A Success Story: Interview with new art librarian Mackenzie Salisbury

An active ARLIS/NA and ArLiSNAP member, Mackenzie Salisbury, recently accepted her first art librarian position at the Georgia O’Keeffe Museum! We asked her to share her journey from having staff and non-traditional art librarian positions to her new job,  as well as any helpful advice.  You can connect with Mackenzie on her LinkedIn profile.

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Can you tell us a little bit about your background and your current position?

Art librarianship snuck up on me. My first job as an undergraduate was in the slide library in the Art History department at the University of Maine. It was perhaps my favorite job in college, but never really thought of it as a “library” job until much later in life. I graduated with an Art History degree from the University of Maine and then took a few years off to figure out what I wanted to do next. I moved to Chicago, IL with a friend, and our apartment happened to be across the street from the Newberry Library. After wandering in one day and looking at some of their incredible map collection, I starting interning one day a week. After that, I was hooked! I started my MLIS not long after through Drexel University.

Currently, I am the Librarian at the Georgia O’Keeffe Museum. Although a simple title, my role here deals with a number of traditional and out-of-the-box views of what a “librarian” does. Not only do I deal with reference and collections, but I am also responsible for thinking innovatively when it comes to newer technologies that might enhance the museums collections.

What did you do before you accepted your current position?

I’ve always been involved in special libraries. I interned at the Art Institute of Chicago, worked as the Access/Circulation Supervisor at Northwestern’s Law Library, and cataloged at Harrington College of Design. Professionally, I was an Information Services Librarian at Northeastern Illinois University (NEIU) on the north side of Chicago. It was my first professional job out of library school, and I learned an incredible amount from the most amazing colleagues.

What drew you to this position and art librarianship in general?

For me, art librarianship was a way to work in two areas that I am passionate about : libraries/information services and art. My current position at the Georgia O’Keeffe Museum also focuses on access, instruction, and technology in a museum setting – something that really allows me to use and grow my current skills. Additionally, this position comes with a great support network, and a well known and respected museum which is currently going through some exciting changes. Stay tuned 😉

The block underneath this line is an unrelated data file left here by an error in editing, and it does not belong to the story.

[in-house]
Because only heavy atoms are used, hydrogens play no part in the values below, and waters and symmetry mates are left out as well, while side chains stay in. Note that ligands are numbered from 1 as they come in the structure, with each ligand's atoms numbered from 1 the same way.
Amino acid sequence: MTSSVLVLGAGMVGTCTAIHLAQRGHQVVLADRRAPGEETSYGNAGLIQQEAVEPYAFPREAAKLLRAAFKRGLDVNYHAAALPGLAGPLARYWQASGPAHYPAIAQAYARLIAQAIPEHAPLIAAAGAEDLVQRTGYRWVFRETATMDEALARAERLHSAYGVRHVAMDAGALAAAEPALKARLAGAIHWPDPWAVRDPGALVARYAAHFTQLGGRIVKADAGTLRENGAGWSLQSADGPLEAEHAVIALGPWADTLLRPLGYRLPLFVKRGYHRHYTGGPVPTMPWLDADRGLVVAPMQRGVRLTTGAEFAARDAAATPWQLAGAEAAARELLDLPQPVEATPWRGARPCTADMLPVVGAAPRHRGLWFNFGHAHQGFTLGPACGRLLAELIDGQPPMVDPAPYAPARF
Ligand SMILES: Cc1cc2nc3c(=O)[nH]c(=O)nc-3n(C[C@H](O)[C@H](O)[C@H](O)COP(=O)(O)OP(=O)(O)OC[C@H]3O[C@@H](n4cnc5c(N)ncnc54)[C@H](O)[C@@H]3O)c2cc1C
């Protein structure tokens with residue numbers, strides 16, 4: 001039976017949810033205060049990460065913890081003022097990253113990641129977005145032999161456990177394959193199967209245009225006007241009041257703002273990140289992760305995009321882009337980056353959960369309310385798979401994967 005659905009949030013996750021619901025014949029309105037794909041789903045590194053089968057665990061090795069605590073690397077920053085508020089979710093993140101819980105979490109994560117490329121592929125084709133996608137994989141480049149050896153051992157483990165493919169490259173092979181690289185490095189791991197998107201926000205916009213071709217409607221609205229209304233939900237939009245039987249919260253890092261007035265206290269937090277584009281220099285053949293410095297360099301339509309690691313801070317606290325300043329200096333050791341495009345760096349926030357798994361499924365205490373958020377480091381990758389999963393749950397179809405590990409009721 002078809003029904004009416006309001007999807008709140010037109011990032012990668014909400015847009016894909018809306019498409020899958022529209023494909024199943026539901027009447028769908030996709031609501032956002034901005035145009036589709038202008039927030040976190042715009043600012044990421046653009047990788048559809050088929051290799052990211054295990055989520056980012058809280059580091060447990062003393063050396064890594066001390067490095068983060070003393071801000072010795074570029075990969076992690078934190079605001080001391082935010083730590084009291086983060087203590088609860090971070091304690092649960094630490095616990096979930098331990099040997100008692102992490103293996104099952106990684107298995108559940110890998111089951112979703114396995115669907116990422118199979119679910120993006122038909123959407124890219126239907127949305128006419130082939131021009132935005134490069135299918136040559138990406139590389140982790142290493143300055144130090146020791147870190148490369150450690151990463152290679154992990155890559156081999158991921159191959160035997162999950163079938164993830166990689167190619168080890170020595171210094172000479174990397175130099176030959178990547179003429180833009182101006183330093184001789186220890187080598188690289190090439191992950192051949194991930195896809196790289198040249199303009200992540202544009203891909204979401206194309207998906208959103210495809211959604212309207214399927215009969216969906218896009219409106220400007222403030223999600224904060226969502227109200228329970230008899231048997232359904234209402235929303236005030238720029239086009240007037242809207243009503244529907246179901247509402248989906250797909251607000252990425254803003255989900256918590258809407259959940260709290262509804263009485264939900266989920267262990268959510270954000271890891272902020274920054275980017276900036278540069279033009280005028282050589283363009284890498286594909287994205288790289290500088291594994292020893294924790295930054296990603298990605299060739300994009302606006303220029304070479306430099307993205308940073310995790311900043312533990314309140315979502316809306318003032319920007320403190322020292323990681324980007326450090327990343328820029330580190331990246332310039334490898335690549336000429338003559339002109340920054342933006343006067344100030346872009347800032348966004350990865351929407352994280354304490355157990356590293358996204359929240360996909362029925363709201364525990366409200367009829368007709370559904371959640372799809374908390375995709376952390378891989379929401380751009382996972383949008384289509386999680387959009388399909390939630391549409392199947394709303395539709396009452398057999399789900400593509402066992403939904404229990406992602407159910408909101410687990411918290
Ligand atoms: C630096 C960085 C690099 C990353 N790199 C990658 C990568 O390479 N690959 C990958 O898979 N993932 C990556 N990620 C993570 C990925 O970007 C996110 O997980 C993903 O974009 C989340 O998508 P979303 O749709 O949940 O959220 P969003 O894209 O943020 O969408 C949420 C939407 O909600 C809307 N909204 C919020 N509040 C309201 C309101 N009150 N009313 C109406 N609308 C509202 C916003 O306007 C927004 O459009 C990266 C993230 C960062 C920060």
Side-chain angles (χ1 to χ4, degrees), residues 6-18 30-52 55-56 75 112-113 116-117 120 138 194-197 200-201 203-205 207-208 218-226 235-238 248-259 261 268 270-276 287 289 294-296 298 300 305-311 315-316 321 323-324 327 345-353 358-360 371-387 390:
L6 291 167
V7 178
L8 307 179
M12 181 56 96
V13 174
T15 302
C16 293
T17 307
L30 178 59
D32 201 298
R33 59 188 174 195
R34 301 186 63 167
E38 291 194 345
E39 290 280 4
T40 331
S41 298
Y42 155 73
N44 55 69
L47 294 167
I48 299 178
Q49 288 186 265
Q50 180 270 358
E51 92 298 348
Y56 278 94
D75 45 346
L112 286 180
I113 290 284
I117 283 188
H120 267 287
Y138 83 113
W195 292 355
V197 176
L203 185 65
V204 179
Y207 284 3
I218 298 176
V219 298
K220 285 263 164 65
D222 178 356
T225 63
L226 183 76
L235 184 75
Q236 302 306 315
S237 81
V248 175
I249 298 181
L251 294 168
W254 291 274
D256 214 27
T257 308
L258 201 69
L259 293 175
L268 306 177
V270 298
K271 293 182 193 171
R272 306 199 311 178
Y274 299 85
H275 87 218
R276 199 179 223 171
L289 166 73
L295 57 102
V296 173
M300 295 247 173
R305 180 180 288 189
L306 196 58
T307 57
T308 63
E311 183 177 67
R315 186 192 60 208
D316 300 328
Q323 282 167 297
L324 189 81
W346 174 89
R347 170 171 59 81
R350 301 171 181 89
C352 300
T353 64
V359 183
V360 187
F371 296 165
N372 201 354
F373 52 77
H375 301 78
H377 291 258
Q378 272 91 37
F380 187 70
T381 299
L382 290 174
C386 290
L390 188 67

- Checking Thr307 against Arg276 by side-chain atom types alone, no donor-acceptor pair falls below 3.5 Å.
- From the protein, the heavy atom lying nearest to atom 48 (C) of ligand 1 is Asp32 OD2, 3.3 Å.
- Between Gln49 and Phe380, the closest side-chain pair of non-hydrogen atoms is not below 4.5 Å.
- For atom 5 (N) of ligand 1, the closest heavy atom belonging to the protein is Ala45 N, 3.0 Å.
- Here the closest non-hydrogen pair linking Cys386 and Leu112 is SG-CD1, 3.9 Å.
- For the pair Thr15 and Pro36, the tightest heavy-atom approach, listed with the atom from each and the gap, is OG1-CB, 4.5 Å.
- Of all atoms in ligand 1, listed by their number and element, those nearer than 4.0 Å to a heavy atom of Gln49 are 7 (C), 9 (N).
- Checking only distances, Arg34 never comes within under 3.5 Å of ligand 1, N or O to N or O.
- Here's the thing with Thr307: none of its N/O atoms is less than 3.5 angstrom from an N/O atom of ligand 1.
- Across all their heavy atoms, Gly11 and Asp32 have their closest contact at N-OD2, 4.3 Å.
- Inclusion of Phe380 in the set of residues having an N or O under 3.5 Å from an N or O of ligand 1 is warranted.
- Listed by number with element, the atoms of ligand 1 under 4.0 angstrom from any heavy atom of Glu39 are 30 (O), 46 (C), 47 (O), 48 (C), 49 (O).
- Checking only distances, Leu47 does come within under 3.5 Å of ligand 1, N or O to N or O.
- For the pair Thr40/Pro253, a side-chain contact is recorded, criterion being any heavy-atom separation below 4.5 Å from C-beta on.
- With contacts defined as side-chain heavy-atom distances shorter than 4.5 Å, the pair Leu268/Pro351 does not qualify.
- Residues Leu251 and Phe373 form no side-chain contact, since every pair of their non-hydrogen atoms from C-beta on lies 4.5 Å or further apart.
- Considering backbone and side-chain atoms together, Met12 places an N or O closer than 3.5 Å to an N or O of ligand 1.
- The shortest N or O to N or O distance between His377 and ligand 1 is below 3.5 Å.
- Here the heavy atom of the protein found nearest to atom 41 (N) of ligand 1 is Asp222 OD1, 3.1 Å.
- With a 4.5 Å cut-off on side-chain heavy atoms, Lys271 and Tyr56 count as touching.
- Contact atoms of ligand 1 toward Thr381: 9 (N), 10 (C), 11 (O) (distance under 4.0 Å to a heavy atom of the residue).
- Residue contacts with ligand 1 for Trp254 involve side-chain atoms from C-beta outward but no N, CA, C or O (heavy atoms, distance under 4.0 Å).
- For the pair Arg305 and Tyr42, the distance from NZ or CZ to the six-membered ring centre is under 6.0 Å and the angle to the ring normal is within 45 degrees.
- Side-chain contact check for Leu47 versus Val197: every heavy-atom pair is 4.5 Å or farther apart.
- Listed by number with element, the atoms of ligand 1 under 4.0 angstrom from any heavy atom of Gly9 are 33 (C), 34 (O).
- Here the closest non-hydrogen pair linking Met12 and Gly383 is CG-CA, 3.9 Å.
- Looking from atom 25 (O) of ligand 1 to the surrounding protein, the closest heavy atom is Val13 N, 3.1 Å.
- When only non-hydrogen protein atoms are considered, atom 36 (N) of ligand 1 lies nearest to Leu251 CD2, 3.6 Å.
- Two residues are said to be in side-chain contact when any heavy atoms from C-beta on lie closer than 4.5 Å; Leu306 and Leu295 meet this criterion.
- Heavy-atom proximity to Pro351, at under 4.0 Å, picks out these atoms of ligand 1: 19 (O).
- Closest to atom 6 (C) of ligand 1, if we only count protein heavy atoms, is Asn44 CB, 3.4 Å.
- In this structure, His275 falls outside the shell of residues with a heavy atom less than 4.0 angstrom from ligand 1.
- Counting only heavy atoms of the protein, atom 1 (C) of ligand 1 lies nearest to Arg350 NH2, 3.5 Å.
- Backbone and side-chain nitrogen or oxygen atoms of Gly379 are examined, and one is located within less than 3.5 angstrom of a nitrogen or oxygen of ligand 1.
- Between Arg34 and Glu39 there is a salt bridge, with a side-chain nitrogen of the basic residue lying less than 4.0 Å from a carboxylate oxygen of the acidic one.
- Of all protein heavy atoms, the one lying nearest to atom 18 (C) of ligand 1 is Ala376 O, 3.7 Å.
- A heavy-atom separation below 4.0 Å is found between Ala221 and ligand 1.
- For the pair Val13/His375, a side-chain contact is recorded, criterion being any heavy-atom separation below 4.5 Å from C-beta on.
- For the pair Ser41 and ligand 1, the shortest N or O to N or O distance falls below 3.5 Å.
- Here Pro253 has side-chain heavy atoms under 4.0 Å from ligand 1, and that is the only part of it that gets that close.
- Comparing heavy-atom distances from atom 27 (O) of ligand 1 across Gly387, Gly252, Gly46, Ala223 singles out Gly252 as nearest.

How did you get your current job? Do you have any job-hunting advice?

My current job came to me through a series of incredible networking moments, a great mentor, and my willingness to say YES! I found out about the position at ARLIS/NA conference in DC and my mentor, Leigh Gates, encouraged me to sit and chat with the HR representative that was doing the interviews. From there it was a series of impromptu meetings ( the first time I met Eumie, my current boss, was at the reception of ARLIS/NA at the Library of Congress – very magical. We sat on a bench and talked informally for about an hour!), a Skype interview with the team here, and then a quick trip to meet everyone and see Santa Fe in person.

Job Hunting advice:

  1. Embrace Facebook, LinkedIn, and conferences –

I am proof that social networking works. I obtained my first job at NEIU because of being connected on Facebook. A friend of a friend posted about the job, and the next thing I knew I was interviewing. Getting this position as Librarian at the Georgia O’Keeffe Museum was due to the close relationship I had with my mentor, and her connections in the art librarianship world.

  1. Be willing to move for the job you want –

Before getting the job offer at the Georgia O’Keeffe Museum, I had never been to the Southwest before, nor was it on my top ten dream places to live. That being said, Chicago has a number of great library schools in the tri-state area, as well as some great academic and cultural institutions, which makes things VERY competitive. By widening your search area, you have a better chance of finding a great job!